Oil paintings are executed using a paint consisting of a pigment in a drying oil (linseed oil, walnut oil, etc). Oil painting is believed to have been developed in the early 15th century in Europe and has enjoyed popularity since then. Wooden panel was the support of choice for early practicitioners of oil painting with cloth supports becoming popular in Italy in the late 15th century. The paint films formed in dried oil paintings allow light to pass through the many layers of semi-transparent glazed passages of paint to create a luminous effect previously unachievable in any other painted medium.
The roots of oil painting lie in egg tempera painting where the technique of thinly layered paint over an absorbant ground was perfected. Colors in oils were intially used as accents to egg tempera paintings. Eventually artists began using oil paint to complete whole pictures. Many period oil paintings on panel have an underpainting in egg tempera which allowed the artist to perfect composition and tone before applying the final layers of rich oil paint colors.
The supports of choice for oil paintings are wooden panel or cloth (linen). Poplar was the wood of choice for Italians with walnut being favored in northern Europe. Wooden panels that were aged, free of oils and knots were chosen. Cloth supports were linen canvas that were clean and free of oils and grease. Cloth was stretched tightly on wooden frames to provide the artist with a working surface less likely to bend and flex.
Period size and grounds
Both wooden and cloth supports were first prepared by sealing their surfaces with size, a glue, usually a calf hide-based or fish-based glue. A gesso ground (consisting of slaked plaster and glue) was then applied to wooden supports to provide a receptive working surface for oil paints. Because gesso dries to an inflexible and rigid state, it is unsuitable for use on cloth supports. An oil ground (lead white in a drying oil) is used instead for cloth supports.
Oil paint was created by mixing pigment with a drying oil. Pigment and oil was placed on a glass or stone slab and ground together with a glass muller which is flat on the bottom. The even dispersion of pigment within the oil is achieved this way. This type of mixing is referred to has grinding and yields a more consistant and well-distributed paint than mixing with a knife, spoon or other implement alone.
Gold leaf gilding was common on the religous paintings of the time. The gold leaf was sometimes applied in the early stages of a painting, but sometimes near the end. The glue used to adhere gold leaf to the painting was called mordant and has a reddish tone. After gold was applied to the mordant, the gold would then be burnished to a high sheen with a semi-precious hard stone or a hound's tooth.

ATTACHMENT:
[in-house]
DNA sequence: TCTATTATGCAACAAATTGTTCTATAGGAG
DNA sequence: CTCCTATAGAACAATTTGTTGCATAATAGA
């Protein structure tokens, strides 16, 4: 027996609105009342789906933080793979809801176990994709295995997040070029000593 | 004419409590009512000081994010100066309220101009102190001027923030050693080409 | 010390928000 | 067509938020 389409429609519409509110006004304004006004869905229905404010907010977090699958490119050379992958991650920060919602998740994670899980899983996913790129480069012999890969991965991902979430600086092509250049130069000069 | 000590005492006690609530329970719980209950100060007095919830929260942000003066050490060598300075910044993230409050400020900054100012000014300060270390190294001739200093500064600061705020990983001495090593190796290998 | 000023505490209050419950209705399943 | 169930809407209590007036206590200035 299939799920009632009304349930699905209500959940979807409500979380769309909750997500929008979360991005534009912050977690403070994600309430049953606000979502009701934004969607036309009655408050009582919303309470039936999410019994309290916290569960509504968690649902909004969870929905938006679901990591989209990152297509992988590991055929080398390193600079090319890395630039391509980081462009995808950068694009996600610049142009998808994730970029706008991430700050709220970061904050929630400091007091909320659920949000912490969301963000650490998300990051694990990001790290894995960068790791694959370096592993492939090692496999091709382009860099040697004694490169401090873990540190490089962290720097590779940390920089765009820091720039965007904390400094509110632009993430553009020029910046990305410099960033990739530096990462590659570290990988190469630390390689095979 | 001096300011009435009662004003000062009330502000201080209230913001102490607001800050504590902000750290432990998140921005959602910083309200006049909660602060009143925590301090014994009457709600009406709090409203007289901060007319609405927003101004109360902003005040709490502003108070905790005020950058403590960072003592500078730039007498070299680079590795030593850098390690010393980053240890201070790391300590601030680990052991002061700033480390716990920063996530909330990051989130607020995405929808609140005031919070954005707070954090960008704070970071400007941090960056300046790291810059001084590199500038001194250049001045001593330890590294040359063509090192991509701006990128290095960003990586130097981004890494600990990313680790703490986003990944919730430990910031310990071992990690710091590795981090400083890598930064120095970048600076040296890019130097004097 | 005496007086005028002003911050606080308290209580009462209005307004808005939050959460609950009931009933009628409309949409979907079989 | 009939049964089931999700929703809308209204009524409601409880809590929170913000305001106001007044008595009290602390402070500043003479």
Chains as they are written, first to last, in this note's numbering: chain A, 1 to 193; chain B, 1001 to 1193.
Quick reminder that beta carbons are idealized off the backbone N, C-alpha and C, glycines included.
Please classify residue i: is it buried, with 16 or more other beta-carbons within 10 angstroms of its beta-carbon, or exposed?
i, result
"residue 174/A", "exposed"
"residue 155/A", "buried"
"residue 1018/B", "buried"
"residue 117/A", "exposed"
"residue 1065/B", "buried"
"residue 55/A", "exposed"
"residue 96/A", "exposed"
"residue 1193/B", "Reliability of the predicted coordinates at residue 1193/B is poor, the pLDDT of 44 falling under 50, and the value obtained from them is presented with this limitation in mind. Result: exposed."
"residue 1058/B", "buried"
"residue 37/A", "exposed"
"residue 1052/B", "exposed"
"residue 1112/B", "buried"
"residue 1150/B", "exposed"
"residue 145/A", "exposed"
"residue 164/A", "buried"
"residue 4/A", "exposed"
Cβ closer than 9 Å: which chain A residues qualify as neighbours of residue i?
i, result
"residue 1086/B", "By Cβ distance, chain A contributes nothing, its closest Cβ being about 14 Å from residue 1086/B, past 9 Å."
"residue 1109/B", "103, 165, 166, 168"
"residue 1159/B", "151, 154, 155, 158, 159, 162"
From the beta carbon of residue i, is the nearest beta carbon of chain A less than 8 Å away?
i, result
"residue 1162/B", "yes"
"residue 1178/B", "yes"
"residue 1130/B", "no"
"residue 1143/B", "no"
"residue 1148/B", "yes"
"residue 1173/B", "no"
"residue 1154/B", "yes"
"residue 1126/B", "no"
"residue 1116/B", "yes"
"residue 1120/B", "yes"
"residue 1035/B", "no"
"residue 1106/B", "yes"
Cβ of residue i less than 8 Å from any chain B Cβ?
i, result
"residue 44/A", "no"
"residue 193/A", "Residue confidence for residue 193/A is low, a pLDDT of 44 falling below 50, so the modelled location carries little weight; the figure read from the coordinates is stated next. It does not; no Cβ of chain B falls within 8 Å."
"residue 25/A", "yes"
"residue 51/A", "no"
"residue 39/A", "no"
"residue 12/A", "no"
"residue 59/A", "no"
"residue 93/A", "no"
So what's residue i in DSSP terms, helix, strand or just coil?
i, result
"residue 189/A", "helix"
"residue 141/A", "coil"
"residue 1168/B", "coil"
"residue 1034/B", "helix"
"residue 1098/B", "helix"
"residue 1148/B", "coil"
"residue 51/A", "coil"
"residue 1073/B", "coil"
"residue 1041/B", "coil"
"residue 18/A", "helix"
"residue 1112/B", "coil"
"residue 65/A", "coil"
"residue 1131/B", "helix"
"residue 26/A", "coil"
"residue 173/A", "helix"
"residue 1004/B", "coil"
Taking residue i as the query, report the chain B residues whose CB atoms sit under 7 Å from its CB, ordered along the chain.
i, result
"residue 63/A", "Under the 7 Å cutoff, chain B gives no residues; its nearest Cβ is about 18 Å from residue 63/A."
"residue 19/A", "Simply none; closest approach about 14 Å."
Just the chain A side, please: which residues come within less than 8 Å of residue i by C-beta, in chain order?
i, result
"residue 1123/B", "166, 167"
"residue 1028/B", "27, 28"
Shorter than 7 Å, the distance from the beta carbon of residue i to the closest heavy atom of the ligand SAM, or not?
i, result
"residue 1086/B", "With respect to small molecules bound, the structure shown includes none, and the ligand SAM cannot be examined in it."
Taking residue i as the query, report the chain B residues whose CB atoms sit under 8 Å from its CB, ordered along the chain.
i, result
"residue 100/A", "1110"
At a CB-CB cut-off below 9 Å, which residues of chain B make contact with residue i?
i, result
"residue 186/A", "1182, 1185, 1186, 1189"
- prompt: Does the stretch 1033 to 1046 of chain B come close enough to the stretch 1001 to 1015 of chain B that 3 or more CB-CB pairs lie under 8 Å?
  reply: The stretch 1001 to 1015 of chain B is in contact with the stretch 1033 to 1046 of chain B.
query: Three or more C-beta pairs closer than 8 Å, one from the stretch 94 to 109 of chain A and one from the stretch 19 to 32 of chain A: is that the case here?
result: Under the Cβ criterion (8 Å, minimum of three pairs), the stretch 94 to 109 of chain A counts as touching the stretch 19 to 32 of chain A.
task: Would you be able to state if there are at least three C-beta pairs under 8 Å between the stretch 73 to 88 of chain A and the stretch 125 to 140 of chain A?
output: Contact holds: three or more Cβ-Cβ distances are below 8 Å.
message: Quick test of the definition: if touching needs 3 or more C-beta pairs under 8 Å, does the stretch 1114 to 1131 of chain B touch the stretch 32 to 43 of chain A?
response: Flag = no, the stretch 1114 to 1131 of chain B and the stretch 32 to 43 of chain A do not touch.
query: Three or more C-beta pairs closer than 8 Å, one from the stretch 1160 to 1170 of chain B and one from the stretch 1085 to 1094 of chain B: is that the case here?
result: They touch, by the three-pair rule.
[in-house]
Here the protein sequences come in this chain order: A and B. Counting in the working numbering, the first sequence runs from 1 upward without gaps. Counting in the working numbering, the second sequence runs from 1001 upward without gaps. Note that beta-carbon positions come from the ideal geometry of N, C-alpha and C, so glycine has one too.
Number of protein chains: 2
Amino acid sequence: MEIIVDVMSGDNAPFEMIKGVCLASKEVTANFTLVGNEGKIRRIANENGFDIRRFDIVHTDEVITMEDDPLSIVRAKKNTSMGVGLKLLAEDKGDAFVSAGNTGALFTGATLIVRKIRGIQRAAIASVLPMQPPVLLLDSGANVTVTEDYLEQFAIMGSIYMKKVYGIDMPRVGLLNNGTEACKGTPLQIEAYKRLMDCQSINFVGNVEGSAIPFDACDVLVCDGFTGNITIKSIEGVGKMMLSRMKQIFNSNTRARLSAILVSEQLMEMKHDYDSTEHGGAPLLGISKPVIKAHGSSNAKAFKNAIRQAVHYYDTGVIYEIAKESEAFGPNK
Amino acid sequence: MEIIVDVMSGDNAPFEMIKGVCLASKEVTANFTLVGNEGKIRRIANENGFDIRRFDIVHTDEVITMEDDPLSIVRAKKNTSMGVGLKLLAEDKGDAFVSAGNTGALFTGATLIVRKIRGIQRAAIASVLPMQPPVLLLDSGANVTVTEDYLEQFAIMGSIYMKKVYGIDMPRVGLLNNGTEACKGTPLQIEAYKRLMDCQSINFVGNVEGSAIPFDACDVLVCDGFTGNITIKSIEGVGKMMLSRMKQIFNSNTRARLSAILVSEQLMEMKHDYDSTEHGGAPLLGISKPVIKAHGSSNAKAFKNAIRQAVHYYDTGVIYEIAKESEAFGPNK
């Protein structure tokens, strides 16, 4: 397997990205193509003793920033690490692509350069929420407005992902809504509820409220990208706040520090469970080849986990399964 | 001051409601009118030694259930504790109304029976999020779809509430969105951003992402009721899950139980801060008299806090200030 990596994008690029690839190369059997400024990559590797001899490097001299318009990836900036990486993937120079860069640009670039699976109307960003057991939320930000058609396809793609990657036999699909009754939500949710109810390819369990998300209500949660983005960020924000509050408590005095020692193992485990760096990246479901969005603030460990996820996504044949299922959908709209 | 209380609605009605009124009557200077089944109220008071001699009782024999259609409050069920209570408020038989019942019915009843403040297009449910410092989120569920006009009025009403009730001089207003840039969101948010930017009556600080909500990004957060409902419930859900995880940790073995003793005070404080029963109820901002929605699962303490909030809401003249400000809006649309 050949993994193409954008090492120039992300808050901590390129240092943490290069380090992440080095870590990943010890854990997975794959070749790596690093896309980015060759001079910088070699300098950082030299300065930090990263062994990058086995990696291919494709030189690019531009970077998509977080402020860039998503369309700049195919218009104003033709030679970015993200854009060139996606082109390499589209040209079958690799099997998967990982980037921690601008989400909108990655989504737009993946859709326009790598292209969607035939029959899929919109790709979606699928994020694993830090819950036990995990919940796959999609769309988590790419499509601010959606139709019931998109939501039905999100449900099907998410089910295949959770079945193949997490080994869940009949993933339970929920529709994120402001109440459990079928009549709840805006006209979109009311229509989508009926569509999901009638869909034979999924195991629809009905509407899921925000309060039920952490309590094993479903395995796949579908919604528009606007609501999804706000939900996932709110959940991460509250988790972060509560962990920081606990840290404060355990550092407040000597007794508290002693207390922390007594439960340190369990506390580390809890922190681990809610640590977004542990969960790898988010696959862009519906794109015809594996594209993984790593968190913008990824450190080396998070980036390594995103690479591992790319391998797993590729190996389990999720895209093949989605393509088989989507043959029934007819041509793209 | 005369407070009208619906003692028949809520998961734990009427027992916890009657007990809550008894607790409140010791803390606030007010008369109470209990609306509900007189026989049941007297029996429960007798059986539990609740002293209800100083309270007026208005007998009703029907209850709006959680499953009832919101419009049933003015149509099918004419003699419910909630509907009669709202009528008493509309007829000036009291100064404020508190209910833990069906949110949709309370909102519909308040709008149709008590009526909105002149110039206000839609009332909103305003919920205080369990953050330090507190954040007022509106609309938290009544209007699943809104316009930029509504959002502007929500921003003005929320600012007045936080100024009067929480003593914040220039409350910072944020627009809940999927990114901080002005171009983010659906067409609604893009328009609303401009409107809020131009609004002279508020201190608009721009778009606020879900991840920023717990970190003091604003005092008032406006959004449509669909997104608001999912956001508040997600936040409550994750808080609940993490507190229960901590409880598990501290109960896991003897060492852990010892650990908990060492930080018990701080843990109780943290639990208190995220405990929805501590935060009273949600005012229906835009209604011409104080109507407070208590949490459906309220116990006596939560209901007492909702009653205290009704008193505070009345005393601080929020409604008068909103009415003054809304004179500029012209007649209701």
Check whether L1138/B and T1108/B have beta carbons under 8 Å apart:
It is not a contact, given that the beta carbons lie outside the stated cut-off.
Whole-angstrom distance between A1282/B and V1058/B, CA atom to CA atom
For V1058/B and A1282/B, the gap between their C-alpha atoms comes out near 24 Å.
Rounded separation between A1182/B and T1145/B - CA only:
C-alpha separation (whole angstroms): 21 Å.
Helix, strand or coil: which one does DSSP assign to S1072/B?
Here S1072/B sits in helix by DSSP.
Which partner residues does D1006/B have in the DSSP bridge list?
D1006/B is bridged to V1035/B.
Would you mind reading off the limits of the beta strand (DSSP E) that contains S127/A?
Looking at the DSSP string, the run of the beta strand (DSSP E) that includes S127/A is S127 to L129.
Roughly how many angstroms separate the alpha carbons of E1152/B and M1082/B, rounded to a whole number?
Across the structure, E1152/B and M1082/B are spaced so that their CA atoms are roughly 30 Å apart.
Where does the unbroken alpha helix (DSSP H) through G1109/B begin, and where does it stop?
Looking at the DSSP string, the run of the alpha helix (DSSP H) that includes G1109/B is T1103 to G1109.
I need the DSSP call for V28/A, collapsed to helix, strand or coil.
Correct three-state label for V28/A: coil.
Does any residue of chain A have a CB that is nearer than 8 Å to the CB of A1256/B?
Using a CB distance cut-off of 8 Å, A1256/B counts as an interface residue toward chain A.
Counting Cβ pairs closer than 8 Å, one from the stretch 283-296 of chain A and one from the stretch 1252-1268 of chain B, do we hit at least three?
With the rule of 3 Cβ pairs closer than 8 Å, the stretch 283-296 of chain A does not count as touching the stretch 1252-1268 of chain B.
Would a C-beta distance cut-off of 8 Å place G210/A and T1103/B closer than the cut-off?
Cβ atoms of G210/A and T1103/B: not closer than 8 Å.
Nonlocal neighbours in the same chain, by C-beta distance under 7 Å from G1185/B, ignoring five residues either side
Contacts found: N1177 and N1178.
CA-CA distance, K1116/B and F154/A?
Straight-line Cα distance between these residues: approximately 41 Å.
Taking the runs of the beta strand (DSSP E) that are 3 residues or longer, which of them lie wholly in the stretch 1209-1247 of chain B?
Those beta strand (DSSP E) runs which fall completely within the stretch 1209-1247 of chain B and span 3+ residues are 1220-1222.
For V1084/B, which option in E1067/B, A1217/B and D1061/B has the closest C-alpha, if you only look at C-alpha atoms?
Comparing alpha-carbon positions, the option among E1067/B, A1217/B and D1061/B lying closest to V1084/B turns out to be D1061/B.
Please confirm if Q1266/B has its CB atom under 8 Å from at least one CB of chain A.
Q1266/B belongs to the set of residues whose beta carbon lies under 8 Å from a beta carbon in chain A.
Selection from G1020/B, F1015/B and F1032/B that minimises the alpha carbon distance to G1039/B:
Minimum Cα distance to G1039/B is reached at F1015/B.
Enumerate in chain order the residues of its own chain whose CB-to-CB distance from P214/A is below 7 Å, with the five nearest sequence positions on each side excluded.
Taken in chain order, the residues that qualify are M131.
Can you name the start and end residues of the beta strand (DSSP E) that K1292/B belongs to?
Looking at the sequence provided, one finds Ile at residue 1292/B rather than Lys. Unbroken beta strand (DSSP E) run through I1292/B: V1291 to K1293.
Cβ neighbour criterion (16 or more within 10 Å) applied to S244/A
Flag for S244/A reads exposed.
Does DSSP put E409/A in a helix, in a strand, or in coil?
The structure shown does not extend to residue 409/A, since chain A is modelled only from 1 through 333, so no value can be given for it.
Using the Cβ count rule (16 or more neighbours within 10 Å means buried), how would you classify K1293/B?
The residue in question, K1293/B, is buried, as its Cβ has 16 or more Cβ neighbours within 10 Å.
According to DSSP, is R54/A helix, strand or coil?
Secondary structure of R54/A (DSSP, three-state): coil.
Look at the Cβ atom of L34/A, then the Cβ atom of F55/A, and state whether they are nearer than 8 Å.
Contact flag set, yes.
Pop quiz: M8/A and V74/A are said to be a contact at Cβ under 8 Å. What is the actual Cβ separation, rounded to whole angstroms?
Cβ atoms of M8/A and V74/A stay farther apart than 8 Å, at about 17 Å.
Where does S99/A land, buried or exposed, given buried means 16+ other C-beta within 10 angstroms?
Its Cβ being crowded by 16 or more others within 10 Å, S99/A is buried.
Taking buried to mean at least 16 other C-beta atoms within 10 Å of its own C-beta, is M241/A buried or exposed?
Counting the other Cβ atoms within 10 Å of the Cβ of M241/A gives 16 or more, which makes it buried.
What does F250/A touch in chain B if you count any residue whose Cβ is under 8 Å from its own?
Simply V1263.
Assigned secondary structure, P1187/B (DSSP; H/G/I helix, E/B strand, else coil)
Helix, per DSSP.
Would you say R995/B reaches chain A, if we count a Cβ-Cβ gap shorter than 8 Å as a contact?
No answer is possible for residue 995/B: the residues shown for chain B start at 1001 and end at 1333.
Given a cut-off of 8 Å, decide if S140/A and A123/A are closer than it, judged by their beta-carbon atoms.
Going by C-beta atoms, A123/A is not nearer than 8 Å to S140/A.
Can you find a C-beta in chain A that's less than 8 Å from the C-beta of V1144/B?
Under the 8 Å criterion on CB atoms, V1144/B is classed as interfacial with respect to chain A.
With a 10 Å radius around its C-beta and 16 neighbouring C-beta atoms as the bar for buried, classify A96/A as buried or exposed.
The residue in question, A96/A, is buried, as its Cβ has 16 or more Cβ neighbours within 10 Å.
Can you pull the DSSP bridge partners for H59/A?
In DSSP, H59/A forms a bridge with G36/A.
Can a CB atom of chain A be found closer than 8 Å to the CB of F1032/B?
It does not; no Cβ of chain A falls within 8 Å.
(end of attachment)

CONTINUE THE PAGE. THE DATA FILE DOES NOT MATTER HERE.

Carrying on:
For painting on wooden panel:
- A charcoal drawing is completed. This can be either on parchment to be tranferred to the wooden panel, or a drawing directly on the panel itself.
- An ink wash is applied to fix the drawing to the panel. The ink wash is used to reinforce the drawing and acts as a guide to the painting moving forward. A stiff brush or feather is then used to remove all charcoal from the panel.
- A full value underpainting is applied over the ink drawing. The colors in this underpainting are very limited or monochromatic. This is called grisalle. In parts of Italy a verdaccio underpainting was used which uses the colors of black, green, and pink. The underpainting may egg tempera or in oil paint.
- Glazes of oil paint are then applied over the underpainting, adding color to the previously muted or monochromatic underpainting. Glazes are applied in layers as each previous layers dry. Some peroid paintings have upwards of twenty layers of color. Glazing is a technique developed in oil painting. It allows the full strength of a color to be applied without tinting it white, or shading it with black, both of which dimish the color strength of a color.
For painting on cloth:
- A charcoal drawing is completed. This can be either on parchment to be tranferred to the cloth, or a drawing directly on the prepared cloth itself.
- A full value underpainting is applied the drawing. The colors in this underpainting are very limited or monochromatic. This is called grisalle. In parts of Italy a verdaccio underpainting was used which uses the colors of black, green, and pink. The underpainting may only be in oil paint because the ground used for cloth is an oil ground.
- Glazes of oil paint are then applied over the underpainting, adding color to the previously muted or monochromatic underpainting. Glazes are applied in layers as each previous layers dry as noted above for paining on wooden panel.